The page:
- Remove Facades: At the electrical service panel, turn off the circuit breaker to shut off the electricity to the wall area. With the cordless drill or manual screwdriver, remove the faceplates of switches and outlets.
- Prepare the Substrate: If the drywall is in good condition, it can be lightly sanded with 80-grit sandpaper to scratch it. This will help the mortar stick better. Clean the wall with the shop vacuum and a clean, dry cloth.
- Apply Thin Mortar: Use the flat side of the trowel to pick up and spread the thin-set mortar on the wall. Then go to the square notch side and paint the surface to leave thin lines about 1/8 inch high. Tip: Work in 2-by-2-foot sections to prevent the skim coat from drying prematurely.
- Press the brick veneer into place: Start at the counter and work upwards. Leave a 1/8-inch gap between the bottom of the brick and the counter to allow for movement. Press the brick into the wet thin-set, gently rocking it back and forth. Hold it until it sticks, then move on to the next one. Leave a joint of about 1/4-inch or as desired between the bricks.
- Cut Brick Veneer: When you reach an obstacle or exit, cut the brick. Use a wet tile saw to cut the brick. You can also cut the brick veneer on a tile cutter or hacksaw.
- Finishing brick at the top: When you reach the bottom of the wall cabinets or the ceiling, decide whether to cut the bricks lengthwise or leave a gap. Generally, if the gap is more than half the height of the brick, cut the filler bricks. If it’s less than half, you can leave some space, and it won’t be very noticeable.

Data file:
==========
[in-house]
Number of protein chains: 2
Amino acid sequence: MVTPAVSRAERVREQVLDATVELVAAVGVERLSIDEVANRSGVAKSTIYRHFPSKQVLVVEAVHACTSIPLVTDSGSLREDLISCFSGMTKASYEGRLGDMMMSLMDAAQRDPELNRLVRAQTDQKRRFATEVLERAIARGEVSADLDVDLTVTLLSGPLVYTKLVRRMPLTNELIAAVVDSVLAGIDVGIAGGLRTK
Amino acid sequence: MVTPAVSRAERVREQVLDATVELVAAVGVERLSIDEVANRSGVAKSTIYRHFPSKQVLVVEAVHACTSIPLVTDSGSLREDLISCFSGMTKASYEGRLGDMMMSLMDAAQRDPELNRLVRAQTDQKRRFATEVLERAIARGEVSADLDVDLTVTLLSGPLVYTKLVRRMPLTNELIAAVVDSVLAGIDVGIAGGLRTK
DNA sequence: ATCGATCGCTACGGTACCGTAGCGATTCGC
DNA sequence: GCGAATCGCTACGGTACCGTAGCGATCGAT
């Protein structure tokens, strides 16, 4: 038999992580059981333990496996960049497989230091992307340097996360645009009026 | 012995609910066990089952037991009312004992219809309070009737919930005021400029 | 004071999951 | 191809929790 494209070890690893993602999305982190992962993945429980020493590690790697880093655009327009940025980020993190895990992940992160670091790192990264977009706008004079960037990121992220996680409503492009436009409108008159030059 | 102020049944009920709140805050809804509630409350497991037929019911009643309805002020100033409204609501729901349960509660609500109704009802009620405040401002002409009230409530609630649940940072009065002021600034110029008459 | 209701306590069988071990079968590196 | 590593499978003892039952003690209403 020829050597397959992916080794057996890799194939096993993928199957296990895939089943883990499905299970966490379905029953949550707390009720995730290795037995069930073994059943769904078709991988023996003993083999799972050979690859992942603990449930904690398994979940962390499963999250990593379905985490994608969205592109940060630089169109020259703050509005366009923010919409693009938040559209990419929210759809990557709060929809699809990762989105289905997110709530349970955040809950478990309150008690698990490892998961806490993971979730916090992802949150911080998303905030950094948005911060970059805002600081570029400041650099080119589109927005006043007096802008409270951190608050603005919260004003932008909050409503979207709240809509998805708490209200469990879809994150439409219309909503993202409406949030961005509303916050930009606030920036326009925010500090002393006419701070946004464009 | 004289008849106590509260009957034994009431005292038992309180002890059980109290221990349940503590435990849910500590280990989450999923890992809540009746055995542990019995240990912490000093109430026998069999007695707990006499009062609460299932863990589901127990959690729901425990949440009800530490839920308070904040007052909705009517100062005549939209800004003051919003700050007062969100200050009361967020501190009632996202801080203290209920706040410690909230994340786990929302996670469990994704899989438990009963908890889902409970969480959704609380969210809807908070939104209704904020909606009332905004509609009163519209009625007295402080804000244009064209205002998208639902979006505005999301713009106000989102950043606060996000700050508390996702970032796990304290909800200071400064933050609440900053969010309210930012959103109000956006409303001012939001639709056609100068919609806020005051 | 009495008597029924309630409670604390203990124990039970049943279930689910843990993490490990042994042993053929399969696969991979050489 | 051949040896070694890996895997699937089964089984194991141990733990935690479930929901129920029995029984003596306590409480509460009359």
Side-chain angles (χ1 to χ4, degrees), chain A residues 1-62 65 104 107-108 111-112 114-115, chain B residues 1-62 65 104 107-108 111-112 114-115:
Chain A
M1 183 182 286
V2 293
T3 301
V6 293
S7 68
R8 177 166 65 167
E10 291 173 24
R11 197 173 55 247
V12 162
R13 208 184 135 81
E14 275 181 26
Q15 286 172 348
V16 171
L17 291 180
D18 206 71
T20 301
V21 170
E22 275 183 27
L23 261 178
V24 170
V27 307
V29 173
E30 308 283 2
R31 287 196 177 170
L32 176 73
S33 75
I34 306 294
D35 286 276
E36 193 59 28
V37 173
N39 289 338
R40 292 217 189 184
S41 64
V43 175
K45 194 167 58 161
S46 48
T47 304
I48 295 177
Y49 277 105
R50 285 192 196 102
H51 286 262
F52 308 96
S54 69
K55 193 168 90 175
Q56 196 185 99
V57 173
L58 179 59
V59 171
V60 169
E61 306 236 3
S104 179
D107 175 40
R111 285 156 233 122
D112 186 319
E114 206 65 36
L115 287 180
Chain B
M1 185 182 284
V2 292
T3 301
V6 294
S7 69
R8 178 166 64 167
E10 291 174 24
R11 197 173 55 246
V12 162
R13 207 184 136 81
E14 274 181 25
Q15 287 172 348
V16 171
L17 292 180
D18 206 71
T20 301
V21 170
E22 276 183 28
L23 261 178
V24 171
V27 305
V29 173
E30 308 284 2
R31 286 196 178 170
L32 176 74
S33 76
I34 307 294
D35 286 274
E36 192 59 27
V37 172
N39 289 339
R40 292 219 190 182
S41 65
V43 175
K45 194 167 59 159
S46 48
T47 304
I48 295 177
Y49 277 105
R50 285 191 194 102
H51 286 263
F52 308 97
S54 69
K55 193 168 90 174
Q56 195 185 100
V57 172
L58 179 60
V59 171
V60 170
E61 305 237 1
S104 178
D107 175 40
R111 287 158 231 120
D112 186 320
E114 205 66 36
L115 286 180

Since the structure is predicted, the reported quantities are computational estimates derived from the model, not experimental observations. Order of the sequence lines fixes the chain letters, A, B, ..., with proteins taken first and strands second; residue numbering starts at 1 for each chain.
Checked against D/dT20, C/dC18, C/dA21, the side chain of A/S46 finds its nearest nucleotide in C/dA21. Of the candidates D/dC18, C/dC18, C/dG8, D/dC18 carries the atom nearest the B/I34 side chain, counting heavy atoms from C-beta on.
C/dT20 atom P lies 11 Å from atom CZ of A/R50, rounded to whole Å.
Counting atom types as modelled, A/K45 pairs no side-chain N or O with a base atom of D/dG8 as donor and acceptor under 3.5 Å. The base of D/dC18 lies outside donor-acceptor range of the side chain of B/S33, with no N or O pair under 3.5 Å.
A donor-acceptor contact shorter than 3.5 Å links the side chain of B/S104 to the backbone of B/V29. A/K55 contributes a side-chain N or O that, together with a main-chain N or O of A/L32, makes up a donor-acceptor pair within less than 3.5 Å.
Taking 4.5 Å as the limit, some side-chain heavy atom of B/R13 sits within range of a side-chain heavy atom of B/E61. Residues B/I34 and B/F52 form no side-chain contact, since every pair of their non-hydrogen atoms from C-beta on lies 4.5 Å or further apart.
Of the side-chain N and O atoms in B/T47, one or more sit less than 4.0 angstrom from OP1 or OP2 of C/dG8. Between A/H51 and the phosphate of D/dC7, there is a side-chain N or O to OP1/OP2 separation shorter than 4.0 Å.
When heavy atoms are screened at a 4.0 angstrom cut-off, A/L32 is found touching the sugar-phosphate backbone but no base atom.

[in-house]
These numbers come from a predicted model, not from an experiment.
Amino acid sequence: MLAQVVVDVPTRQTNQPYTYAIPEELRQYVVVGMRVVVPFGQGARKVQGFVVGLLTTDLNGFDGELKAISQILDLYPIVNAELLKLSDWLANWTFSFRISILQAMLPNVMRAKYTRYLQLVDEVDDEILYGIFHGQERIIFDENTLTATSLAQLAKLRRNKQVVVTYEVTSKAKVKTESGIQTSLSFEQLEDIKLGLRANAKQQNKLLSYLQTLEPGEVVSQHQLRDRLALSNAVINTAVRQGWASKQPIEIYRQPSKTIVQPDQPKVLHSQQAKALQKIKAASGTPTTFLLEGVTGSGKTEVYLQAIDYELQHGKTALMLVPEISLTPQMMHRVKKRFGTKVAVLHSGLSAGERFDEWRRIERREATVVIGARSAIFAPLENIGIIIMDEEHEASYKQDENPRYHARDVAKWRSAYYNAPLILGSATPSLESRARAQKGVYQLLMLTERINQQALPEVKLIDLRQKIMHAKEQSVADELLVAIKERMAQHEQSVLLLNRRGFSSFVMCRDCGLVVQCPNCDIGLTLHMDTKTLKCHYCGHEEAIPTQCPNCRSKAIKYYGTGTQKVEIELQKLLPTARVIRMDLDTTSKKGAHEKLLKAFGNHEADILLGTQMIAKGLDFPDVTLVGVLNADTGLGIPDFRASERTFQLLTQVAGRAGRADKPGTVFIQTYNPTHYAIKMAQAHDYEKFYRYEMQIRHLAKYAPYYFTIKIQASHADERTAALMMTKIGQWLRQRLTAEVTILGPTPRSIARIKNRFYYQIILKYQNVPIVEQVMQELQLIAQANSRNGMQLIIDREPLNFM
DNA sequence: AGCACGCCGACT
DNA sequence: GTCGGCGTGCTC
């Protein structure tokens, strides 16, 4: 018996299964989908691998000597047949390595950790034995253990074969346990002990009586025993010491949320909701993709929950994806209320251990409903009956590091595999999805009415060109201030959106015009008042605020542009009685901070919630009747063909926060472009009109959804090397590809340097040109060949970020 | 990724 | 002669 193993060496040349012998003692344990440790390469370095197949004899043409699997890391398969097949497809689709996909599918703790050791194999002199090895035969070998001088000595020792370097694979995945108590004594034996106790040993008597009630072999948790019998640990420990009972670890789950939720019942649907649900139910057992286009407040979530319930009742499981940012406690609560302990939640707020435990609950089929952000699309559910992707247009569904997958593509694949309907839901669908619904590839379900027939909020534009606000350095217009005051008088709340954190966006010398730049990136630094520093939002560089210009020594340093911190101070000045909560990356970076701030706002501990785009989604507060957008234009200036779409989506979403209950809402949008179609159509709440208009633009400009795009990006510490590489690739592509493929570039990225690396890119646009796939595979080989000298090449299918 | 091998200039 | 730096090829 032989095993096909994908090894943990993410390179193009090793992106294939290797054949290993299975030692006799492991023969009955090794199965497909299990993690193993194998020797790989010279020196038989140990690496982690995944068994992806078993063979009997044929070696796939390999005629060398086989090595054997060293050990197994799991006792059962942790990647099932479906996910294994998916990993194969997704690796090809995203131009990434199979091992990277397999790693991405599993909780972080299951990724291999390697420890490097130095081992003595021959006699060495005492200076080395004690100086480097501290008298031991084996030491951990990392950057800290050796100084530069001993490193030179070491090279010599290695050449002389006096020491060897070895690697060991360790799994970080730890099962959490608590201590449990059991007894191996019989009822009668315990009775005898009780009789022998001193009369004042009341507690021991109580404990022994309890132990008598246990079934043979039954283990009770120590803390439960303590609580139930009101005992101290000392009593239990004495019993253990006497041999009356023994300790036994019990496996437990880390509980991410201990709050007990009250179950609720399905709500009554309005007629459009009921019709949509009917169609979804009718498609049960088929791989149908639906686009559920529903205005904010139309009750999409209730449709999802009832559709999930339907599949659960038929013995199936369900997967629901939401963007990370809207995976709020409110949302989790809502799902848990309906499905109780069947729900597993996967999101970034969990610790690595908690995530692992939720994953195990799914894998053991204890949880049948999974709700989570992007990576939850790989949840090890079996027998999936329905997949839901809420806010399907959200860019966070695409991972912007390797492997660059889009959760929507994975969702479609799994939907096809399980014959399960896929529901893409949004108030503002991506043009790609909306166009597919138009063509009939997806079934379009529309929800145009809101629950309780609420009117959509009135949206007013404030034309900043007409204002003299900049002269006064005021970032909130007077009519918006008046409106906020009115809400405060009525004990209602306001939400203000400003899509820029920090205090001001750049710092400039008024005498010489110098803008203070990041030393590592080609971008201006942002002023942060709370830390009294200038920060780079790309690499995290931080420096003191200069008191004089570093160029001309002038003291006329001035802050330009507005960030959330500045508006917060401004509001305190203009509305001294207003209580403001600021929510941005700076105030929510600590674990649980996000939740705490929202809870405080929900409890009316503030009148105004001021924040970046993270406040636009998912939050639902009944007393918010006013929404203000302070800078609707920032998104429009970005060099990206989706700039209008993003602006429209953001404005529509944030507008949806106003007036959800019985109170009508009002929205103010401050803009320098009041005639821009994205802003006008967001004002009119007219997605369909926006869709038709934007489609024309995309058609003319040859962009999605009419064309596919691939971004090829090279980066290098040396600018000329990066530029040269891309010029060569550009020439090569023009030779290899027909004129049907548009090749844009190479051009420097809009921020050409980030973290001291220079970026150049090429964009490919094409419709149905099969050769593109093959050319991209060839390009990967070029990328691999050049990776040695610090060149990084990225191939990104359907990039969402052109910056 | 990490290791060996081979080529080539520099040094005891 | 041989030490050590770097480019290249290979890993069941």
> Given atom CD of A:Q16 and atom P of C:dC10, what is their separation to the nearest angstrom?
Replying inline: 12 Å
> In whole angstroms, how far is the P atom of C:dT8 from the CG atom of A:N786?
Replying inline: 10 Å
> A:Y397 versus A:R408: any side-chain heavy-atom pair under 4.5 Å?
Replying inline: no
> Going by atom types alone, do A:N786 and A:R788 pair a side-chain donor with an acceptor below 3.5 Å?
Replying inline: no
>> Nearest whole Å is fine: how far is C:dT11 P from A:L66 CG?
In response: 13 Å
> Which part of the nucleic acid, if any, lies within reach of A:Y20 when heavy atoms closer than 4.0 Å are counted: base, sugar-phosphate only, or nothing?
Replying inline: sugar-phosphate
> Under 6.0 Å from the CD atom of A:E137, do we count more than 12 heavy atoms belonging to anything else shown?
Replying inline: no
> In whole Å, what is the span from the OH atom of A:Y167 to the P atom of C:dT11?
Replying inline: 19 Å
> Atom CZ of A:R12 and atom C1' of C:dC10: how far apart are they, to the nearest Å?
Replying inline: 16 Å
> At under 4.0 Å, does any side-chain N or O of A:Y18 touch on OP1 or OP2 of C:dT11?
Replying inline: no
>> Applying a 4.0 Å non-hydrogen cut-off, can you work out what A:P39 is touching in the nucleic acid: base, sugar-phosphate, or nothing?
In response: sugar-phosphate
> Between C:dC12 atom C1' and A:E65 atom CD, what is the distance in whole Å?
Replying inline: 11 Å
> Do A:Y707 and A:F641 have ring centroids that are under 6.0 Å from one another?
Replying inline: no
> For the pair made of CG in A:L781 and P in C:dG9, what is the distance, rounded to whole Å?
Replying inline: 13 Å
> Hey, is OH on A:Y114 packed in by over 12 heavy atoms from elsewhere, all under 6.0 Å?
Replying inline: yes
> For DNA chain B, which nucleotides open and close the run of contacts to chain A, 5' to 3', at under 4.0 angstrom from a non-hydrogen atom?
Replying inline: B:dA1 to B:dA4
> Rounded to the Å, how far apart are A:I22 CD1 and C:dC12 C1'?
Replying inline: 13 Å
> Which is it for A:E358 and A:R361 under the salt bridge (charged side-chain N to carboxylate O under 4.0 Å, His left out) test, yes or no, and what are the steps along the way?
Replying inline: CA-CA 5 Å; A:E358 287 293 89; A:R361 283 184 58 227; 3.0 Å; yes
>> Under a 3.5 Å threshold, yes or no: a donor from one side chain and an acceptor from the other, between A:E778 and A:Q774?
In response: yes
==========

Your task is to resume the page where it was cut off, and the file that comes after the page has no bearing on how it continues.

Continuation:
- Add grout: Mix the grout and fill the grout bag. Unscrew the end. Press the grout into the joints—Smooth the grout with the grouting tool.
- Add Caulking: With the caulking gun, add caulking to the gap between the bottom of the brick and the counter.
- Joint surface: Once the grout has completely hardened, apply a transparent concrete sealer with a brush. Apply two to three coats until the brick surface is completely sealed. Tip: Sprinkle a few drops of water on the face of the brick veneer. If the water beads up, it is sufficiently sealed. If water seeps in, add more coats of sealant.
- Add extension cords and electrical box plates: Add extension cords to electrical boxes. Then reinstall the outlets and switches. Finish by reinstalling the faceplates.